Allyn Fisher-Ilan
April 23, 2010 - 12:00am

Israeli Prime Minister Benjamin Netanyahu has proposed Palestinian statehood with temporary borders, to sidestep a deadlock over settlements ahead of talks on Friday with a U.S. envoy, a newspaper said.

Palestinian President Mahmoud Abbas has rejected past Israeli suggestions for a state with provisional borders, but the Haaretz newspaper said Netanyahu was proposing a new interim deal to try and entice him back to the negotiating table.

There was no immediate comment from either leader on the front-page report published as the U.S. Middle East envoy, George Mitchell, was expected to meet separately with Netanyahu and Abbas, in a fresh push to resume their stalled negotiations.

Netanyahu was said to be seeking a package deal with Washington to delay further discussion on settlements by forging a Palestinian state with provisional borders in exchange for which Israel would avoid unspecified "provocations".

The package also called for Washington to agree to toughen its policies toward Syria and Iran, whose nuclear programme Israel sees as a threat to its existence, the newspaper said.

Syria and Iran give support to Hamas Islamist militants in control of the Gaza Strip, who reject any talks with Israel and have acted as spoilers in the peace process in the past, by launching rocket attacks at the Jewish state.

Netanyahu and U.S. President Barack Obama have been sharply at odds over Israeli settlement policy in the occupied West Bank, a territory Palestinians want for their state.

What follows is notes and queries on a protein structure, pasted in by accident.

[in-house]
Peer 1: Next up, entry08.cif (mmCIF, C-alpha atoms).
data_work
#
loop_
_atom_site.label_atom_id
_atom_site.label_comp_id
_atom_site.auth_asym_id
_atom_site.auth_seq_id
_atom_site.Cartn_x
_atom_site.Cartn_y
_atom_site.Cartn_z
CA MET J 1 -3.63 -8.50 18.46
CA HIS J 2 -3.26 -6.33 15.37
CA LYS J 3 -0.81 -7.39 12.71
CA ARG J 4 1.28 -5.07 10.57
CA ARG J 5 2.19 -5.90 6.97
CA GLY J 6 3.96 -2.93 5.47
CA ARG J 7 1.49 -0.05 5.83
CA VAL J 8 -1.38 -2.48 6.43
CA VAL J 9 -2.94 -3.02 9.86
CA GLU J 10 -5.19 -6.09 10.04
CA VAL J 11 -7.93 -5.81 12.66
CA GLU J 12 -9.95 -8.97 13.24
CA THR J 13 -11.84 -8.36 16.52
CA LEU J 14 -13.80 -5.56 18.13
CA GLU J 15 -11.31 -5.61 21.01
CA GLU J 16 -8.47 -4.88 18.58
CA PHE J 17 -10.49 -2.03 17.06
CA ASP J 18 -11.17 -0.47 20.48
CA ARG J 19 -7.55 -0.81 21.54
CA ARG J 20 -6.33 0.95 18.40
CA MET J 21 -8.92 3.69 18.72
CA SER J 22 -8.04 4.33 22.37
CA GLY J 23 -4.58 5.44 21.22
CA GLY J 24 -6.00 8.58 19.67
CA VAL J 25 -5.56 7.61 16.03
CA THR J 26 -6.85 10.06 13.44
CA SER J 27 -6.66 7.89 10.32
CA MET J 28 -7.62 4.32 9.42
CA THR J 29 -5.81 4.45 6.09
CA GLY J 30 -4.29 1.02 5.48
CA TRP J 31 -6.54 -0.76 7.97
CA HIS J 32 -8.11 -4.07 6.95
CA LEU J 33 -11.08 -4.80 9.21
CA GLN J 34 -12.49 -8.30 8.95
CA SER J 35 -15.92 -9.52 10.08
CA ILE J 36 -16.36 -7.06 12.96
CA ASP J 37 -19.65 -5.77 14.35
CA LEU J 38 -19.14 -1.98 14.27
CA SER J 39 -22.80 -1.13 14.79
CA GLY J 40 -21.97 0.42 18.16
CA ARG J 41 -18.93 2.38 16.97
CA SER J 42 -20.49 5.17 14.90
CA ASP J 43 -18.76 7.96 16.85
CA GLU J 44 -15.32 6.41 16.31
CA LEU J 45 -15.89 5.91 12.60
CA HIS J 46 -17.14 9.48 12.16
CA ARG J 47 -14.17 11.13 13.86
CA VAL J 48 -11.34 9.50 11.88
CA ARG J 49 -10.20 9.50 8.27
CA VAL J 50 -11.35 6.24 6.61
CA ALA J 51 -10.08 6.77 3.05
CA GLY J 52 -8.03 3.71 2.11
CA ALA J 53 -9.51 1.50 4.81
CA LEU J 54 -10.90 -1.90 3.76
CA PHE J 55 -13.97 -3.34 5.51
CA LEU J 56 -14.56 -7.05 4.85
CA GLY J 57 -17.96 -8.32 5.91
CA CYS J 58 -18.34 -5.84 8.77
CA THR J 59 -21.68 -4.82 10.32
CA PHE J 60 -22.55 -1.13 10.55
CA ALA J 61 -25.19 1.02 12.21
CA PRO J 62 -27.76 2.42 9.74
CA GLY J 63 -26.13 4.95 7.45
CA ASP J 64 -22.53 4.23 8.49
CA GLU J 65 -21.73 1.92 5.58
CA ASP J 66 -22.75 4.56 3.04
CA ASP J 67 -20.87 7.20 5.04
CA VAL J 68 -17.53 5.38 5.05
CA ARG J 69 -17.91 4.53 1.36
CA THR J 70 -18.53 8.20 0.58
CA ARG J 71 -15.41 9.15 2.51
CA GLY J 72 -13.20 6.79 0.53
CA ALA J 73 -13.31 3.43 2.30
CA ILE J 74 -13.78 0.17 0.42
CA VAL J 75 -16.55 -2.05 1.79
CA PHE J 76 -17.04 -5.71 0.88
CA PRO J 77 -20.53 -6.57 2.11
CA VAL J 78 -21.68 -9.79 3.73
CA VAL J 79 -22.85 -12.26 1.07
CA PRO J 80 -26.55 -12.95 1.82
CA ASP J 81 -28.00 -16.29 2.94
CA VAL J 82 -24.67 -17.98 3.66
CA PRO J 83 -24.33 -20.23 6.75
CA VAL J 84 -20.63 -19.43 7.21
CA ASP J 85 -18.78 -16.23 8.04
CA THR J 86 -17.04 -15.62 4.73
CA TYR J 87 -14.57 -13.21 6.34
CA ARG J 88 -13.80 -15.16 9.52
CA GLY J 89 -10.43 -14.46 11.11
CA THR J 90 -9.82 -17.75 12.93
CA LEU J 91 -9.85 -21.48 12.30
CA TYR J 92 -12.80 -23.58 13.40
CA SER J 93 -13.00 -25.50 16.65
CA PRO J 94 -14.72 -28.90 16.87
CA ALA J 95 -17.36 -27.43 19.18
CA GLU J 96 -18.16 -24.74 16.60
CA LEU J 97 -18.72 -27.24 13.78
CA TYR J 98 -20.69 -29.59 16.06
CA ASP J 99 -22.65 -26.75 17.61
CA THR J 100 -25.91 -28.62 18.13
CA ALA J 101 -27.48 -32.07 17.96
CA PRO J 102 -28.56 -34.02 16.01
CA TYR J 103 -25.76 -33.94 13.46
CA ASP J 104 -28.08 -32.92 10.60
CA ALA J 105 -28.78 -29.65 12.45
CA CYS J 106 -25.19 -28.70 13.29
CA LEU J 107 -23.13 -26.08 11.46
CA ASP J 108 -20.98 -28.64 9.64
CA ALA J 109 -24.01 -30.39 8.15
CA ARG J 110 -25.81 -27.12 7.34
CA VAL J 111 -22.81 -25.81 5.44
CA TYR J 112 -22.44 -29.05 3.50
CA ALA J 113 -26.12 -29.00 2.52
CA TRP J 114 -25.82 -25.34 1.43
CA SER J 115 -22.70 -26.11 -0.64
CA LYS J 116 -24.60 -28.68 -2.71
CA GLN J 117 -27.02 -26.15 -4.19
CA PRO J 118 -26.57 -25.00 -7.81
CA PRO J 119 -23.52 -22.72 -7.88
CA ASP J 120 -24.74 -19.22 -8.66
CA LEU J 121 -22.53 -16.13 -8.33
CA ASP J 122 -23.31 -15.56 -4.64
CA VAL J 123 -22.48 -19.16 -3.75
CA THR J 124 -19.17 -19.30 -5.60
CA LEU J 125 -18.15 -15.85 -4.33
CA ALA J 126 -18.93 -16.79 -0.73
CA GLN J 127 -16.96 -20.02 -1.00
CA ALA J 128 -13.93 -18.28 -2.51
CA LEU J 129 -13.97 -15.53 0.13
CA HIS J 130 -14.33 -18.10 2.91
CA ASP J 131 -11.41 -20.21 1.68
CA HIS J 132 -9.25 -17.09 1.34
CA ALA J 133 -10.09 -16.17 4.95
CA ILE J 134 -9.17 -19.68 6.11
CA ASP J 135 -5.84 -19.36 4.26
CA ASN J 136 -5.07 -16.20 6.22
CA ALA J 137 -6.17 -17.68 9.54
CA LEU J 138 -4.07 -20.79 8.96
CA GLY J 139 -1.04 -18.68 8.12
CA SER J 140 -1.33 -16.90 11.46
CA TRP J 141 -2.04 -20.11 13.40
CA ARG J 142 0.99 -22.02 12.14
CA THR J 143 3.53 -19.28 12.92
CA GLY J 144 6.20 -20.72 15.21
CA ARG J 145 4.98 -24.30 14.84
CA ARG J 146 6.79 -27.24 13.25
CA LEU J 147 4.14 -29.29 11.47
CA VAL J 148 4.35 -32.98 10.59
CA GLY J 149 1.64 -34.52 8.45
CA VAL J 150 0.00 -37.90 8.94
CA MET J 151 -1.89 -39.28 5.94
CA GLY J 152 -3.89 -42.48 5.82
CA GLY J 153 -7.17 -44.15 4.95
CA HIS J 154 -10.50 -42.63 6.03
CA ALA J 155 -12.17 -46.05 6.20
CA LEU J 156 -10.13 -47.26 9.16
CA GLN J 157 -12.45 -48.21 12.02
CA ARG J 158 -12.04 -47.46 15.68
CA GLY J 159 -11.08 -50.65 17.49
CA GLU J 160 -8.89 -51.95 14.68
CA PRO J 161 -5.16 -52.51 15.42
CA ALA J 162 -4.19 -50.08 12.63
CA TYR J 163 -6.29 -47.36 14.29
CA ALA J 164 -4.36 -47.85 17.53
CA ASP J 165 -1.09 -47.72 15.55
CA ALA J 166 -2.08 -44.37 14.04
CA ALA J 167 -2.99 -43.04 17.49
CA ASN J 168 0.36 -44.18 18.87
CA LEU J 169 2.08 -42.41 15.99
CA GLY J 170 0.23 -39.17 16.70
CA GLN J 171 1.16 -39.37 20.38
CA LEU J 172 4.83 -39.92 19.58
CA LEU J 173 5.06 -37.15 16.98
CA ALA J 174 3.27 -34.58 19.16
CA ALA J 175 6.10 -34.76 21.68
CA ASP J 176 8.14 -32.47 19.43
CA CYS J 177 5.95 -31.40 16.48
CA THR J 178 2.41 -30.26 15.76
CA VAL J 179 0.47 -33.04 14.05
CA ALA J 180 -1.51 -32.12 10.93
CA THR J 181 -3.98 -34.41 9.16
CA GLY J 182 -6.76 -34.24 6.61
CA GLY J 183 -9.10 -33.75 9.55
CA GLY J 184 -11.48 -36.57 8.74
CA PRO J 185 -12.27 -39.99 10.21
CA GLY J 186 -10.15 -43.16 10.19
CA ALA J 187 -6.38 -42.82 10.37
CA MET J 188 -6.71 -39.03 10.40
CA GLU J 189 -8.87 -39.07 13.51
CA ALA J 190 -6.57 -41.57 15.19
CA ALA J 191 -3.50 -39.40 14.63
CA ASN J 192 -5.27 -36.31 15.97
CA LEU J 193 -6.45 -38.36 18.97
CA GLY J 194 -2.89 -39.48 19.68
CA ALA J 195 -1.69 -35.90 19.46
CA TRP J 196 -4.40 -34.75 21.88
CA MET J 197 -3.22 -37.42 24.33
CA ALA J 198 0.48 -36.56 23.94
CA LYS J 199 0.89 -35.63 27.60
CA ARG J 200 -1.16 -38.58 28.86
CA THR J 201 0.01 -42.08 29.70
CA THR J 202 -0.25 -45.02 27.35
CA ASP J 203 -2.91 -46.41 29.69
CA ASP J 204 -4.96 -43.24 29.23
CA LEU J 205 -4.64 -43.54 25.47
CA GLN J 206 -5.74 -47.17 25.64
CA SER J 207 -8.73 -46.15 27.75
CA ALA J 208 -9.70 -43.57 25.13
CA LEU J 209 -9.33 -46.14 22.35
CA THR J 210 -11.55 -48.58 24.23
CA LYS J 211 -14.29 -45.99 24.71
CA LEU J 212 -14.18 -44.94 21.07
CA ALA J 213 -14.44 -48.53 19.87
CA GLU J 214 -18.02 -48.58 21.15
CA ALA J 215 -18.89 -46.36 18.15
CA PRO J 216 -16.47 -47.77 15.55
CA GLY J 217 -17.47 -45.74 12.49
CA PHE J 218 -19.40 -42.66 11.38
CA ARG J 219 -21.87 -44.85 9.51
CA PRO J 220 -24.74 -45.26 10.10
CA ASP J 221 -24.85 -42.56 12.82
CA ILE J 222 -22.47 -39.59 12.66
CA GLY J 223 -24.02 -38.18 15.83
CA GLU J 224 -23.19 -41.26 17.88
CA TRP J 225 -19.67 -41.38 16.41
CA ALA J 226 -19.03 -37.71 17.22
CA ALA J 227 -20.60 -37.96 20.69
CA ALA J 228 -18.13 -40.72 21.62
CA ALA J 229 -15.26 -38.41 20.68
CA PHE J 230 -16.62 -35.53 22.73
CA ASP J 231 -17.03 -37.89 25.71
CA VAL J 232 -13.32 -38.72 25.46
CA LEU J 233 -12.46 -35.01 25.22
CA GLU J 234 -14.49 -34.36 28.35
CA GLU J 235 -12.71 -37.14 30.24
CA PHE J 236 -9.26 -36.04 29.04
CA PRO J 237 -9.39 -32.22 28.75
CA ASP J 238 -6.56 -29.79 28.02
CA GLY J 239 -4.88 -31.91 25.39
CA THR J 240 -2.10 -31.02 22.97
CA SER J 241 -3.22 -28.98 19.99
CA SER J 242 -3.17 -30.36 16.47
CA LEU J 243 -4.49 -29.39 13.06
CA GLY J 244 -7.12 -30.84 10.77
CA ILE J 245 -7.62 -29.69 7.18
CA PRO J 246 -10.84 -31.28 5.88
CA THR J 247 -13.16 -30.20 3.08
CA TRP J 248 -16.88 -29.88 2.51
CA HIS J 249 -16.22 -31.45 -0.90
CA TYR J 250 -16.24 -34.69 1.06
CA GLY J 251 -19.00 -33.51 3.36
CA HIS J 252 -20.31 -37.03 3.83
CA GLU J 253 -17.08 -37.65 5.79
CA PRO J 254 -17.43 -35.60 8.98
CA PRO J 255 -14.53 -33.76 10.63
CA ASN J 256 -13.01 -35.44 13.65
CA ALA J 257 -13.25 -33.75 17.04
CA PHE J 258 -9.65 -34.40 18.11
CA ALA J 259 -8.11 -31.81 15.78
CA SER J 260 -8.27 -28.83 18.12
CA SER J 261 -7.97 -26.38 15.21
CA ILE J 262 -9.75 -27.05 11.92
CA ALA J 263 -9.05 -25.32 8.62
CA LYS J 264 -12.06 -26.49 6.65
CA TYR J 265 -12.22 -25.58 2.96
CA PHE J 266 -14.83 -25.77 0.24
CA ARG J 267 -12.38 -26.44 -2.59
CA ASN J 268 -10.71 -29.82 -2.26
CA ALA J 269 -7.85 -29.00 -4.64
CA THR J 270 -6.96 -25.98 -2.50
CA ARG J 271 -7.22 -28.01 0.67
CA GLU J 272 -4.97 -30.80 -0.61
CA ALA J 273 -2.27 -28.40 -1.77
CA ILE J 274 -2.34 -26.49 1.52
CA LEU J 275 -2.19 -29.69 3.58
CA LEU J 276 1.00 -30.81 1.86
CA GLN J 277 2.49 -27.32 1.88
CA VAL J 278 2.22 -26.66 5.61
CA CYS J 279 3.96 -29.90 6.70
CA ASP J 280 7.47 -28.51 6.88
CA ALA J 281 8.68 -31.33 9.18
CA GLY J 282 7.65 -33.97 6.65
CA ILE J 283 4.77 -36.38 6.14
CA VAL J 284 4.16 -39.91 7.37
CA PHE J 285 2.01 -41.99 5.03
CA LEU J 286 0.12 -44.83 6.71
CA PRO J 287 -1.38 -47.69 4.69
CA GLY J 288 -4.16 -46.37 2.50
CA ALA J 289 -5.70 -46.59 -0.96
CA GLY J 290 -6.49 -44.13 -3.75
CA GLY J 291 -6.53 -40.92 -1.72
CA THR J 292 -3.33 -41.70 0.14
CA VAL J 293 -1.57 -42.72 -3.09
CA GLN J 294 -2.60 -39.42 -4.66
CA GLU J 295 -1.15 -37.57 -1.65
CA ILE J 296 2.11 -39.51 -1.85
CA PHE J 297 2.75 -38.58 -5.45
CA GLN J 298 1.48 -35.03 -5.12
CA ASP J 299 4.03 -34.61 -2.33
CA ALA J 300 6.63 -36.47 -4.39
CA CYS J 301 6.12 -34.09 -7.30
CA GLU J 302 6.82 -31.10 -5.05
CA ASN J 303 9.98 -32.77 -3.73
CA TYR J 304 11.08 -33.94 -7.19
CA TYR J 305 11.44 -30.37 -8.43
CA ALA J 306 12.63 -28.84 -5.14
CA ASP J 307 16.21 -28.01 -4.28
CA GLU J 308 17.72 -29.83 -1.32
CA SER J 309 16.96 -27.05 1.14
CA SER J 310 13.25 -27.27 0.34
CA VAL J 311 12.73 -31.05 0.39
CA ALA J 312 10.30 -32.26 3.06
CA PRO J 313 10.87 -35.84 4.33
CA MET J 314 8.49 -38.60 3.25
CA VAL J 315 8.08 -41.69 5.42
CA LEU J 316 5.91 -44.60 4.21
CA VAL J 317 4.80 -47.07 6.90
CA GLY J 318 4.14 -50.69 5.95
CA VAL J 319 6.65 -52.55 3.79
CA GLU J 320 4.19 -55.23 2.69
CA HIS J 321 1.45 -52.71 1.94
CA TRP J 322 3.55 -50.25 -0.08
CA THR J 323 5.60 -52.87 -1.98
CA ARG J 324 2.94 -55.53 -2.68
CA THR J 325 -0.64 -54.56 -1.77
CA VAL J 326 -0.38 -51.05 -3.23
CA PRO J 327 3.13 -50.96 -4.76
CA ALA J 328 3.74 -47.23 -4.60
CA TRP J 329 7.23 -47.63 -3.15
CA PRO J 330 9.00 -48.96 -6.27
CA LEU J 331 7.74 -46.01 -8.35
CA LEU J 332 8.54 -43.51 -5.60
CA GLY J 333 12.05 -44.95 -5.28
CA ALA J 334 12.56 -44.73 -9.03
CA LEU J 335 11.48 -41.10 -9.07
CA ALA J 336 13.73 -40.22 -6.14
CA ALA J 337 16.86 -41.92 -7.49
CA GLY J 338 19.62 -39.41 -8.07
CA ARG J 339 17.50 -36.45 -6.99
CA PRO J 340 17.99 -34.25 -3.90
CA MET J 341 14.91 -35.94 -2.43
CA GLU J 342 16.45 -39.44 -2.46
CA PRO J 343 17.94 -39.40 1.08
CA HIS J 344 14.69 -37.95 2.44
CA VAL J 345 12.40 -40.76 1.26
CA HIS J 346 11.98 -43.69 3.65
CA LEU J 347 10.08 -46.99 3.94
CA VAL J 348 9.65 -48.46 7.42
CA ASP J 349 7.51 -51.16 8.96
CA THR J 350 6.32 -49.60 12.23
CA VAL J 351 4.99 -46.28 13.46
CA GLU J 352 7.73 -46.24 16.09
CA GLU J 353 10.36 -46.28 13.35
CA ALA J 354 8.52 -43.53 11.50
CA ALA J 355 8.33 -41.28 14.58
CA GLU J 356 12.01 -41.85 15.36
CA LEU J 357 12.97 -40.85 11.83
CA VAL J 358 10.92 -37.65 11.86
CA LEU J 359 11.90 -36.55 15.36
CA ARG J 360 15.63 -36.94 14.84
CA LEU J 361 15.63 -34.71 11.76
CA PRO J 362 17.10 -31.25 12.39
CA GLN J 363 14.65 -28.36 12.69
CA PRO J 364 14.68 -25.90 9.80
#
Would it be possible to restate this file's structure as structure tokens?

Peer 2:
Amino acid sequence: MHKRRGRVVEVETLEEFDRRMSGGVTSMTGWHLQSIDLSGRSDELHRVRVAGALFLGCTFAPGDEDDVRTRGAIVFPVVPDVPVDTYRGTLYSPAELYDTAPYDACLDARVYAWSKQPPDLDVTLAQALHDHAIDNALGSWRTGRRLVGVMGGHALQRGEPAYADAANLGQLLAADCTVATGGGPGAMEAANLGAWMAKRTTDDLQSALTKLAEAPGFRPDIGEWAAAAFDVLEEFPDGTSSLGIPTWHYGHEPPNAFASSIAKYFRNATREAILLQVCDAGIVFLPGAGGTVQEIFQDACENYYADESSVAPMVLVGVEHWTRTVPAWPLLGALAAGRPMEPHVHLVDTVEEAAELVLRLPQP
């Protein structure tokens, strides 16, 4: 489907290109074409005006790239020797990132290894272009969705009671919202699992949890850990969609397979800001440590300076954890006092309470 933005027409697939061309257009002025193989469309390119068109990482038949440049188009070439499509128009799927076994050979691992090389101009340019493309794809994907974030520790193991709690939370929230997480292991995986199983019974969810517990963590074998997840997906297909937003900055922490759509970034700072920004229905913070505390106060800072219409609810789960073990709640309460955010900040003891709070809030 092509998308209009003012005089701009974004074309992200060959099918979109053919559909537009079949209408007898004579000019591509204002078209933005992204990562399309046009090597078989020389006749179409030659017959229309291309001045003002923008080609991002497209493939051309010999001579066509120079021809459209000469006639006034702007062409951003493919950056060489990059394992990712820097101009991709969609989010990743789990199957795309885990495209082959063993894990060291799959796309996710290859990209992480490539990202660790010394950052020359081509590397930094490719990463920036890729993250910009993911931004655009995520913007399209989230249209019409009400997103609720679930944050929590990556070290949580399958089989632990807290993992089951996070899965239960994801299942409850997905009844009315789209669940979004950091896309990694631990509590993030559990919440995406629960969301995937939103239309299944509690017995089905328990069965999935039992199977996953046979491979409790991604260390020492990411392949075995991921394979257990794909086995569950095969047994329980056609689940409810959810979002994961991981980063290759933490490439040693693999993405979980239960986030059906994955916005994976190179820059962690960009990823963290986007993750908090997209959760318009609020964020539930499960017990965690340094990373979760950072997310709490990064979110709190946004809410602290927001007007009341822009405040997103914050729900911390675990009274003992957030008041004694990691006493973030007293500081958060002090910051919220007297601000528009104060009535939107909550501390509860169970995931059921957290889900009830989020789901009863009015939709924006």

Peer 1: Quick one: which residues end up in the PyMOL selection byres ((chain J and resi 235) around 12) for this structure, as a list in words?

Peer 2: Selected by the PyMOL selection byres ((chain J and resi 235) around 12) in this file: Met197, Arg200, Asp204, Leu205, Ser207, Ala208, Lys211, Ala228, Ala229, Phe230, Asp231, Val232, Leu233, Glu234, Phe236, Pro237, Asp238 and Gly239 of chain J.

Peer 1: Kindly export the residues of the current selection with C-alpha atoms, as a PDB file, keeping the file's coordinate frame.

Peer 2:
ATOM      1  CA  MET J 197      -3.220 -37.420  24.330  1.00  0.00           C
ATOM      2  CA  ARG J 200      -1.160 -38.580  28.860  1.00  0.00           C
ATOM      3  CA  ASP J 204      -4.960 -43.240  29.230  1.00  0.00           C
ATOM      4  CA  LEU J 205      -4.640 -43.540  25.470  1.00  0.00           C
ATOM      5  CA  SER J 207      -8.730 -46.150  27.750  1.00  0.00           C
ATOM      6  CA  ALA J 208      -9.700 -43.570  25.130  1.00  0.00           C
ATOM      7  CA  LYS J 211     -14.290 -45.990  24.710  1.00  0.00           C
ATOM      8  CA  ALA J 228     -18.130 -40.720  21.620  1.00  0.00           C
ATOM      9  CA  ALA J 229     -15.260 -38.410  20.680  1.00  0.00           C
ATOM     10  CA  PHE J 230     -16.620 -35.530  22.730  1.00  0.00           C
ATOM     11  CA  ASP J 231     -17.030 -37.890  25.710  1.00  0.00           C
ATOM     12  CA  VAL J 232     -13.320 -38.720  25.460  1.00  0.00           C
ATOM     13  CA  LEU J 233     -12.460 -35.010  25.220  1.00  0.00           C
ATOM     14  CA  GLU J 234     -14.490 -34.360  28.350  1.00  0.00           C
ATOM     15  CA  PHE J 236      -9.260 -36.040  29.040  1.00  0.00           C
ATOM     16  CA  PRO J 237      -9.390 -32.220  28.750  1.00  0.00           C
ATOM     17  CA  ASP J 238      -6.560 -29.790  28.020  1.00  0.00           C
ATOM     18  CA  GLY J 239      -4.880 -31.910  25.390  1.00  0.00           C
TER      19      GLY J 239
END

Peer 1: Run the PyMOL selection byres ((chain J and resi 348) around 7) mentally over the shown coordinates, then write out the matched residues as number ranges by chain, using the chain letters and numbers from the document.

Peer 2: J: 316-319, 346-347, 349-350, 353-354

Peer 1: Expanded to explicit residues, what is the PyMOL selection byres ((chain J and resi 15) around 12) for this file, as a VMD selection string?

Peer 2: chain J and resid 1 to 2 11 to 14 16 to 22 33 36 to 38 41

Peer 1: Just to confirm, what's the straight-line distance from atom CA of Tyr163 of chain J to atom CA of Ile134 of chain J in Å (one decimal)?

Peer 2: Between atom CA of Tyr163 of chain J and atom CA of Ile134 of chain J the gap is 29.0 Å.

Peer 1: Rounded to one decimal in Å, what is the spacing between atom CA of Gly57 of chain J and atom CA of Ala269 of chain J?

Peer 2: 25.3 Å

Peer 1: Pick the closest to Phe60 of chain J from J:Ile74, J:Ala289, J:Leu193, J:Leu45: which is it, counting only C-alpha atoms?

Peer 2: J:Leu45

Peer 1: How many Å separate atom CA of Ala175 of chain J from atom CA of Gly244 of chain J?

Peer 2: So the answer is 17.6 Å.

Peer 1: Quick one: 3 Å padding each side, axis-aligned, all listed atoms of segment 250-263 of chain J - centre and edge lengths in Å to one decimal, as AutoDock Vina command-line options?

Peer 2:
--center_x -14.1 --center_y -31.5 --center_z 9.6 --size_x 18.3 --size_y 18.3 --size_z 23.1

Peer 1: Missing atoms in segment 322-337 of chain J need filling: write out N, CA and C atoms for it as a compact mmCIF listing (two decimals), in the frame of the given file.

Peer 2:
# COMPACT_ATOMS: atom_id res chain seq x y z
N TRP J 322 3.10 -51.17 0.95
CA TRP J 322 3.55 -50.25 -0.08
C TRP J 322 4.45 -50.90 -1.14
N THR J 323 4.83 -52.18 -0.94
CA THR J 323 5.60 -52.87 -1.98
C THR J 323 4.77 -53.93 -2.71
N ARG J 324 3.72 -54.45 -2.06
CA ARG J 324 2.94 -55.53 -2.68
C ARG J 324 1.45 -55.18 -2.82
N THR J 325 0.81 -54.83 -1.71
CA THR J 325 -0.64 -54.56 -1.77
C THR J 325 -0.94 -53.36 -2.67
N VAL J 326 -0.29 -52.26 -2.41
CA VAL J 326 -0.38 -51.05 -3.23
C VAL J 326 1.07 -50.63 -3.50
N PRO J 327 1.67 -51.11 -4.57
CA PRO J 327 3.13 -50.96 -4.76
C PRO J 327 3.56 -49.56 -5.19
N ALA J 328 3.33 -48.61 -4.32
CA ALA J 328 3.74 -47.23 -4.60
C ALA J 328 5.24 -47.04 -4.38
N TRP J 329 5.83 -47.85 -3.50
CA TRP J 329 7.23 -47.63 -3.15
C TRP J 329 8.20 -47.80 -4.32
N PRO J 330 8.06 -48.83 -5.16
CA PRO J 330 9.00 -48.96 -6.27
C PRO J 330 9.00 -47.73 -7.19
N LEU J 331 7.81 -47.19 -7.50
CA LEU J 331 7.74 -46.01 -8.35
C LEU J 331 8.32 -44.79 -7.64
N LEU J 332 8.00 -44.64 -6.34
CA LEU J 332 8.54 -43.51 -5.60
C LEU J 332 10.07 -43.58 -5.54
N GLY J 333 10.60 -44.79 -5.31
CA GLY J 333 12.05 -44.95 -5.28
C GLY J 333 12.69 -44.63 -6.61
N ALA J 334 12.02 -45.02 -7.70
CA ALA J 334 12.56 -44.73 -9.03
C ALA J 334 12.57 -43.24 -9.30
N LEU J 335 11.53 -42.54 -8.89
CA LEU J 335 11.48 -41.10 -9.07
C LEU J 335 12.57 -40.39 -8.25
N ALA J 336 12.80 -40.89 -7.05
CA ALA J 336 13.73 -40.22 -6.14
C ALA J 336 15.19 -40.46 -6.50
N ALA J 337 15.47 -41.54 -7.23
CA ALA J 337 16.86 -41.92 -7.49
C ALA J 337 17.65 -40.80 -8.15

The Israeli leader wants to avoid harming ties with Israel's largest ally but yielding any ground to the U.S. or Palestinians could risk the rupture of his pro-settler ruling coalition.


Netanyahu still has not responded publicly to what political sources have said was a list of 11 "confidence-building" steps Obama demanded in talks last month in Washington, so as to coax Palestinians back to negotiations suspended since December 2008.

Abbas has insisted Israeli settlement building must cease before talks with Israel would resume.

Netanyahu reiterated on Thursday that he would not freeze settlement building in the area of East Jerusalem, land Israel captured in a 1967 war and annexed as part of its capital in a move not recognised internationally.

"Our policy in Jerusalem will not change," he told Israel's Channel Two television. "There won't be a freeze in Jerusalem ... Why do I need to give up on Jerusalem?"

In Washington, State Department spokesman P.J. Crowley said the decision to dispatch Mitchell was made after a round of conversations among senior U.S. officials and Israeli and Palestinian counterparts.

"We don't go to meet just to meet. We go there because we have some indication that both sides are willing to engage seriously on the issues," Crowley told a news briefing.

Palestinians were hopeful Mitchell may succeed in his so-far unsuccessful efforts to convene indirect talks with Israel that may later lead to direct negotiations.

"We hope (Mitchell) will have the right formula for resuming proximity talks by having Israel stop settlement activities," Palestinian Chief Negotiator Saeb Erekat has said.


American Task Force on Palestine - 1634 Eye St. NW, Suite 725, Washington DC 20006 - Telephone: 202-262-0017